Another rarer speech disorder that can be caused by damage to the brain is Emotional dysprosody, which involves difficulties with expressing emotion through speech, as well as difficulties with understanding the emotional content of other peoples’ speech. If you think about it, we are able to express a lot of emotion through our speech. Pitch, intensity, pauses, and variations in melody may all reveal something about how we feel in the moment, and how we feel about the topic of conversation.

I have asked Siri Nicoline Veseth, clinical psychologist and group therapist, a few questions about speech and emotion:

–In therapy, do you focus on the way people say something, or do you concentrate more on what they are actually saying?

-Both, but there is definitely a lot of information encoded in the way people communicate something. For instance, the way we say something may reflect why we say it, and whether it is easy or difficult for us to talk about it. The delivery may also reveal which feelings we associate with the topic, and give an indication of the type of memories that is being triggered.

The way people say something also relies on whom they are talking to. I see this in group therapy all the time; people communicate differently with someone they feel safe with versus someone they don’t know or trust. In general, we also tend to communicate differently with our parents, boss, colleagues, and partner, both in terms of what we say and how we say it.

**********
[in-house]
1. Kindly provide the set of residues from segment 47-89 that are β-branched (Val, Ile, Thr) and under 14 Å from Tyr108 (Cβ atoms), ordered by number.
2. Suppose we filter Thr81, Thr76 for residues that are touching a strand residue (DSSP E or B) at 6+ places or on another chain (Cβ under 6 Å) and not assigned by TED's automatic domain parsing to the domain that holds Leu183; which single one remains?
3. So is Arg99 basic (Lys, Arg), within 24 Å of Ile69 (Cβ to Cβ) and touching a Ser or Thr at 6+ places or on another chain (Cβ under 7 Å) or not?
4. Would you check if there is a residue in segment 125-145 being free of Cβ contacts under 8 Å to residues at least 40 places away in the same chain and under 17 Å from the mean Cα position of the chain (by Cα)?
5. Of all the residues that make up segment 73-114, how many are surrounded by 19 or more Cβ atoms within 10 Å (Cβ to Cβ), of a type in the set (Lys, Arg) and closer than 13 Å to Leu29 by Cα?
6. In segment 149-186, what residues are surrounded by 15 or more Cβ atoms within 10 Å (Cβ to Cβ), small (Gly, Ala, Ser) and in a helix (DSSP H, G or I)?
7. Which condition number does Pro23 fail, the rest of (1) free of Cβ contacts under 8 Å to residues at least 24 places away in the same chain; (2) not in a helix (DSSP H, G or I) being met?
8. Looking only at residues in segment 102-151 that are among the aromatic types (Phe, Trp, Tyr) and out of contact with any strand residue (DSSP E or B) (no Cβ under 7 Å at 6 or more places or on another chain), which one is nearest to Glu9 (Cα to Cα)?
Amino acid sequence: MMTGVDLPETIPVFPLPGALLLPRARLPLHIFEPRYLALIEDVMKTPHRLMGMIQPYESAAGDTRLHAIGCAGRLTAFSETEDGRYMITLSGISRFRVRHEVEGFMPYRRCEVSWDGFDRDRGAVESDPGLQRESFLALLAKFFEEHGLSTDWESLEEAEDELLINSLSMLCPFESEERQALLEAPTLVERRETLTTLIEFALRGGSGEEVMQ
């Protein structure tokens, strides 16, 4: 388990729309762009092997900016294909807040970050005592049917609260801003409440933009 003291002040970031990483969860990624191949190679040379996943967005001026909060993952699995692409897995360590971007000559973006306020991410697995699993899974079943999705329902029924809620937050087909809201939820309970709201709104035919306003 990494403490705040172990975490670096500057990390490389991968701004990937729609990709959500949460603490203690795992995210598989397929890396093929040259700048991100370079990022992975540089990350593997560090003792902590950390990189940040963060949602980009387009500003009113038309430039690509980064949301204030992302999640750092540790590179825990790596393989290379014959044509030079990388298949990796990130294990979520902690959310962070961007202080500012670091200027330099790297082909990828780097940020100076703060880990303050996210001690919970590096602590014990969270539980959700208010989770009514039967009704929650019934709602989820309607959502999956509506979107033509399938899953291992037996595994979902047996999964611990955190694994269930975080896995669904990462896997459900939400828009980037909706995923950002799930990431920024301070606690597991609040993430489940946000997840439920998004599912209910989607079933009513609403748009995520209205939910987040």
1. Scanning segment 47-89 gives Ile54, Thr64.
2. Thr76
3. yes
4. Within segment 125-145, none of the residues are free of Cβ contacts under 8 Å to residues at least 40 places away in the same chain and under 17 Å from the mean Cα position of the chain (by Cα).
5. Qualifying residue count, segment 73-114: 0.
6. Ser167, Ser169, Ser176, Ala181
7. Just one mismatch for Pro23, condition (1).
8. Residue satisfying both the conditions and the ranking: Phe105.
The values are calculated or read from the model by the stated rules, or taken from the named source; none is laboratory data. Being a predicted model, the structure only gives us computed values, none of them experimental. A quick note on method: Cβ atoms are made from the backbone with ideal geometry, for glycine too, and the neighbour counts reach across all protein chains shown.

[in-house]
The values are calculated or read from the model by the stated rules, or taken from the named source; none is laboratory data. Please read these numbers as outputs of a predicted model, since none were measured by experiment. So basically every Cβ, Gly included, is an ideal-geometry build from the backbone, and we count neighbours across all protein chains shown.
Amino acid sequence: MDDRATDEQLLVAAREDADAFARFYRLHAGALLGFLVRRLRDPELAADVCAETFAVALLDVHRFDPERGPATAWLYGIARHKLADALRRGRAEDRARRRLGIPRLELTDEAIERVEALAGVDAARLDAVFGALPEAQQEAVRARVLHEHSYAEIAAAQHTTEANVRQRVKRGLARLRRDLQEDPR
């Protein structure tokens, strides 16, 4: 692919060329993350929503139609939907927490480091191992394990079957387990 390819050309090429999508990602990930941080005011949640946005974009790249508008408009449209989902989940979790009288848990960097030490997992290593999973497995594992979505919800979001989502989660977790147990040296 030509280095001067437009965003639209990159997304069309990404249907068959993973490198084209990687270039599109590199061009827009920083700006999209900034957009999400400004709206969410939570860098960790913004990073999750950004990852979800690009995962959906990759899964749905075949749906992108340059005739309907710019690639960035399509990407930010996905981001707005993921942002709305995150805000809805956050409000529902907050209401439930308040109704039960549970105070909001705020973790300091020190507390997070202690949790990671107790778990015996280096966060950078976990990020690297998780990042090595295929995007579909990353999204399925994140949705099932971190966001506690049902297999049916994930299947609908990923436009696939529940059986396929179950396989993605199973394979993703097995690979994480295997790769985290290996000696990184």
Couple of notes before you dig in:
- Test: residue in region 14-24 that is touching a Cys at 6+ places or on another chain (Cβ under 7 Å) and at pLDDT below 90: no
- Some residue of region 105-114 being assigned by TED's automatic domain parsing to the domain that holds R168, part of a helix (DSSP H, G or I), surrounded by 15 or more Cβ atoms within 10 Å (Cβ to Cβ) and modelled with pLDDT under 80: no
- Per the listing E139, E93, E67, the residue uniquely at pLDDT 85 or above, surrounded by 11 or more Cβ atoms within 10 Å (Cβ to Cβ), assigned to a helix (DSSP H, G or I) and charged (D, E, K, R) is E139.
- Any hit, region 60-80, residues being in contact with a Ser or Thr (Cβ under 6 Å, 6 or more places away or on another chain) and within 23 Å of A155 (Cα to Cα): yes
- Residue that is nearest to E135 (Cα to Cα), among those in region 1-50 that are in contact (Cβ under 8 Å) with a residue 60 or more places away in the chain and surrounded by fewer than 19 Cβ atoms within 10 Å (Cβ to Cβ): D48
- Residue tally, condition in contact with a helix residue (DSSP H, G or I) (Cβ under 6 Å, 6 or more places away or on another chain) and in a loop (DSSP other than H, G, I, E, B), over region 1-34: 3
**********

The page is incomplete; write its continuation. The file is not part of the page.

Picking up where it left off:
–The way we communicate also differs according to the context of the conversation?

- Yes, context definitely matters. For example, I am one of five siblings. When I’m alone with either of them in a neutral place (a place with no association to our childhood), the communication resembles that of two independent adults. However, when all of us are together, especially in our childhood home, or in the presence of someone else who were there during our childhood (for example our parents), we seem to time travel back to the communication pattern that we had 15-20 years ago. I think this is a subconscious pattern that we’re drawn into, one that we have little control over unless we actively try to change it.

–Therapy is often called the 'talking cure'. How can talking help solving a range of issues?

- Although therapy may involve more than just talking, an important part of the healing/helping/curing process is to tell your story and have someone listen to it. This might seem basic, and you might think that you could do this with friends or family, and to a certain degree I think you can. However, with a professional listener, you can speak freely and without expectations or judgment. There are also some things that can be too complicated to solve with friends or family. For example, we may not always know exactly what our problems are, we may just feel sad, anxious, stressed or irritated, or have a feeling that ‘something is not right’. In this case, the therapist will try to detect underlying emotions through speech and body language, in order to help people to get a better understanding of their difficulties.

It is clear that we do speak emotion, and that our underlying emotions often can be revealed from the way that we say something. The ability to express emotion through speech, as well as understanding the emotional content of other peoples’ speech, is an important brain function that helps us to communicate in our daily lives. This function also guides therapists in their work, which often involves the art of ‘reading between the lines’ of what people say. On this note, something for next week: See if you can keep track of how your communication varies depending on who it is you’re talking to and the context of the conversation.

- Ann-Marie